Lecithin is a fatty substance found in many types of food of plant and animal origin, including liver, eggs, soy, peanuts and wheat germ. It is often added to foods during production so that, for example, ice cream, chocolate, butter or salad dressings are easier to mix and their fatty and aqueous ingredients emulsify. Lecithin is also created in the human body.
Lecithin is an excellent source of choline, one of the vitamin B groups, which mainly comes in the form of phosphatidylcholine. It breaks down in the body, so when a person eats or takes lecithin, the body is supplied with choline. However, only 10% to 20% of plant origin lecithin contains phosphatidylcholine.
The main source of choline is lecithin in food, but choline is also found in liver, soy, egg yolk, grapefruit juice, peanut butter, cabbage and cauliflower. Food supplements with choline can be purchased in healthy food stores and are often the constituent of vitamin B complex and similar combinations.
How do they work?
Lecithin and choline are required for many functions of the organism. They help create cell membranes and facilitate the transfer of fat and other nutrients to and from the cells. They help in reproduction and growth (of fetuses and newborns); they are essential for liver and gallbladder health, and can also have a beneficial effect on the heart. Choline is also an integral part of acetylcholine, a substance that plays an important role in memory and muscle activity. Because of these effects, lecithin and choline are used for countless purposes – from treating cancer and AIDS, to lowering cholesterol levels. Although there are no solid evidence for many effects, these substances should not be neglected.
MAIN USEFUL EFFECTS: lecithin and choline may especially help with gallbladder and liver disease. Lecithin is one of the major constituents of the bile, and it is known that its lowered level stimulate the formation of gallstones. Thus, the formation of gallstones can be prevented by taking dietary supplements with lecithin or phosphatidylcholine, its purified extract. Lecithin can also be beneficial to the liver: a study that lasted for 10 years has shown that lecithin prevents the formation of severe scarring and liver cirrhosis in baboons who have consumed alcohol. Other research shows that this substance can help alleviate liver problems, related to hepatitis.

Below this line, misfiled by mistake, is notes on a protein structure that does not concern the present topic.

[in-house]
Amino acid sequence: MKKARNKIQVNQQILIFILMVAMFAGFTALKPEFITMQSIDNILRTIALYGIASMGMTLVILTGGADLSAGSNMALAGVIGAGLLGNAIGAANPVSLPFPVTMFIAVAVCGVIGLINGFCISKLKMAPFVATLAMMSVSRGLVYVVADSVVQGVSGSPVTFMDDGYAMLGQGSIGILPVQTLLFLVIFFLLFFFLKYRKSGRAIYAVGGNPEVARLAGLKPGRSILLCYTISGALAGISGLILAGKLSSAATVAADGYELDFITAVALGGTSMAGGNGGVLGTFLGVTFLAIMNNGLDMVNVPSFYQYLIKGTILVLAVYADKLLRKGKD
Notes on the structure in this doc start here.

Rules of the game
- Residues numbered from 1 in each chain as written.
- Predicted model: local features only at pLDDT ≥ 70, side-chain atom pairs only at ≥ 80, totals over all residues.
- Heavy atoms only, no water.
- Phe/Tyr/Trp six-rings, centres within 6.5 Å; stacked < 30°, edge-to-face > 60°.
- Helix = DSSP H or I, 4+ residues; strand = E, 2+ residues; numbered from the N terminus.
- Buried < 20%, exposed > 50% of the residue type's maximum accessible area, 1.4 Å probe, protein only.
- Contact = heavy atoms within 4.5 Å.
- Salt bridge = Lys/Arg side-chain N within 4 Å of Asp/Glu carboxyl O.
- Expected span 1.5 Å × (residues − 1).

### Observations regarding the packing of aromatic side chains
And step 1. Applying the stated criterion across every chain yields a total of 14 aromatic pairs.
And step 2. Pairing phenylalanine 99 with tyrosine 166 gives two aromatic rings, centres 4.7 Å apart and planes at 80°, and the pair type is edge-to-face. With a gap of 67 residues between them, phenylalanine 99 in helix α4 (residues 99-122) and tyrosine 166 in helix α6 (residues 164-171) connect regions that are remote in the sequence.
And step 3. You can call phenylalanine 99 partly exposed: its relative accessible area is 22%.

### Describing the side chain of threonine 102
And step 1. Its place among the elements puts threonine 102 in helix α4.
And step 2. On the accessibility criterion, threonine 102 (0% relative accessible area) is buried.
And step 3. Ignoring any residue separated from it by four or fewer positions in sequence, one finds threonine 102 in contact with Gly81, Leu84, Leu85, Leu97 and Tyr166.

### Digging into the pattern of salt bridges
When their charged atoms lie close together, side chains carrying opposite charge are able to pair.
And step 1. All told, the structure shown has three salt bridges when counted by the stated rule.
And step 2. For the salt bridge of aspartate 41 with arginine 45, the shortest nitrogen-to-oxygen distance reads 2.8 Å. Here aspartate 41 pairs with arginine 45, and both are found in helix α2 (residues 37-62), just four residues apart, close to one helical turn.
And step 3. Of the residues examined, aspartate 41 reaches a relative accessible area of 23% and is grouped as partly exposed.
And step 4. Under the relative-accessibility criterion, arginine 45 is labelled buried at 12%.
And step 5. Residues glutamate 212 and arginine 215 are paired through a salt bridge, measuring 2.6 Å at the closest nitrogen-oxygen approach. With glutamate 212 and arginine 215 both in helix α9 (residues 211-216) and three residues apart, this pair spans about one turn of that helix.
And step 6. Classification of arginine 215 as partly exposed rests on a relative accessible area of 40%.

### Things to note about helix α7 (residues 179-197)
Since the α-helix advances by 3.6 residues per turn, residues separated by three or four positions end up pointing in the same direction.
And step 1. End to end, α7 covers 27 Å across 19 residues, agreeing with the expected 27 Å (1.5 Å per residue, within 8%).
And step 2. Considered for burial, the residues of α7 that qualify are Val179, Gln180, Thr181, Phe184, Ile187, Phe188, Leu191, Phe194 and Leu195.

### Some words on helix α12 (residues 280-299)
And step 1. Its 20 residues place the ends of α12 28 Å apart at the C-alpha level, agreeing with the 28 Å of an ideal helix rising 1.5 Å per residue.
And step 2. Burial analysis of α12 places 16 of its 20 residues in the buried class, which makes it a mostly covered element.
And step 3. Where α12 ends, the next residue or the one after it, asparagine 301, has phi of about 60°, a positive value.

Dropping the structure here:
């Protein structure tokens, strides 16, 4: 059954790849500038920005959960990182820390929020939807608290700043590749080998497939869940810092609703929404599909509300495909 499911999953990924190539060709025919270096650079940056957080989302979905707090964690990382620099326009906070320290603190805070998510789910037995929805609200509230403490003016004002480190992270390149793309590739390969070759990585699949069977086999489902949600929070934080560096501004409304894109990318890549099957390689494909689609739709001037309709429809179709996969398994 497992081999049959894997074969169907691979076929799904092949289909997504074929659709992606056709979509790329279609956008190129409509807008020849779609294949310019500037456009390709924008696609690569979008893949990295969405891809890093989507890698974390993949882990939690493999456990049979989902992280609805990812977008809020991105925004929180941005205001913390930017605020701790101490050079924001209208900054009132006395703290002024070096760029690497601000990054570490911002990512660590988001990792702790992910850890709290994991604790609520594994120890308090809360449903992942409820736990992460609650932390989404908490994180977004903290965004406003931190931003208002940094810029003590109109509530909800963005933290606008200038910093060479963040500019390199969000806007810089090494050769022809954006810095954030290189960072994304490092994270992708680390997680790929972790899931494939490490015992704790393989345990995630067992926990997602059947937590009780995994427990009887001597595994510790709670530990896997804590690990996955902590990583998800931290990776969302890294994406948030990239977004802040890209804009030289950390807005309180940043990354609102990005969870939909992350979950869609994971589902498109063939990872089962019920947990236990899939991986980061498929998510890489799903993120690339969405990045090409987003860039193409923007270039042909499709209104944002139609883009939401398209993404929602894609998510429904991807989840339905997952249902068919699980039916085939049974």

Choline is often found in combined preparations for liver strenghtening, along with amino acid methionine, vitamin B, inositol and herbal preparations such as silybum and dandelion. These so-called lipotropic preparations or formulas protect against fat build up in the liver, improve fat and cholesterol passage through the liver and bile duct and help remove toxins. They appear to be particularly effective in the treatment of liver and gallbladder diseases, such as hepatitis, cirrhosis and gallstones. They can also help in some conditions where normal liver function is more than desirable; examples are endometriosis (the main cause of infertility in women) and the side effects of chemotherapy. Choline, along with vitamin B groups – pantothenic acid and thiamine – can help with poor digestion.
ADDITIONAL USEFUL EFFECTS: lecithin and choline are important for neuronal cells, so they can help with Alzheimer’s disease and prevent the development of neural tube development disorders (e.g. spina bifida). They can improve the endurance, but also help in treating tick and chorea (dyskinesia) that appear in people who take antipsychotics for a long time. Apparently, lecithin and choline can help in lowering cholesterol levels and in treating some forms of cancer, but to further determine the role of these substances in those conditions further research is needed.
How to take it?
DOSAGE: usually, two capsules of 1200 mg lecithin are taken per day. Lecithin grains may also be taken: a spoon contains 1200 mg of this substance. Choline can be obtained from lecithin, although a better choice is phosphatidylcholine (500 mg, three times a day) or choline alone (also 500 mg, three times a day). Choline can be taken as part of the lipotropic preparations. In the United Kingdom, no recommended values for daily intake of lecithin and choline are defined, but the American Food and Drug Administration (FDA) has defined choline as an essential nutrient and recommends its daily intake of 550 mg for men and 450 mg for women.
USE GUIDELINES: the absorption of these substances is better when taken with food. Lecithin in grain has a taste similar to nuts, so you can sprinkle on food or drink.
Possible side effects
In large doses, lecithin and choline may cause sweating, nausea, vomiting, inflammation and diarrhea. Very high doses of choline (10 grams per day) can cause body odor or disturbance in heartbeat rhythm.
IMPORTANT: if you have any illness, consult your doctor before taking any supplements.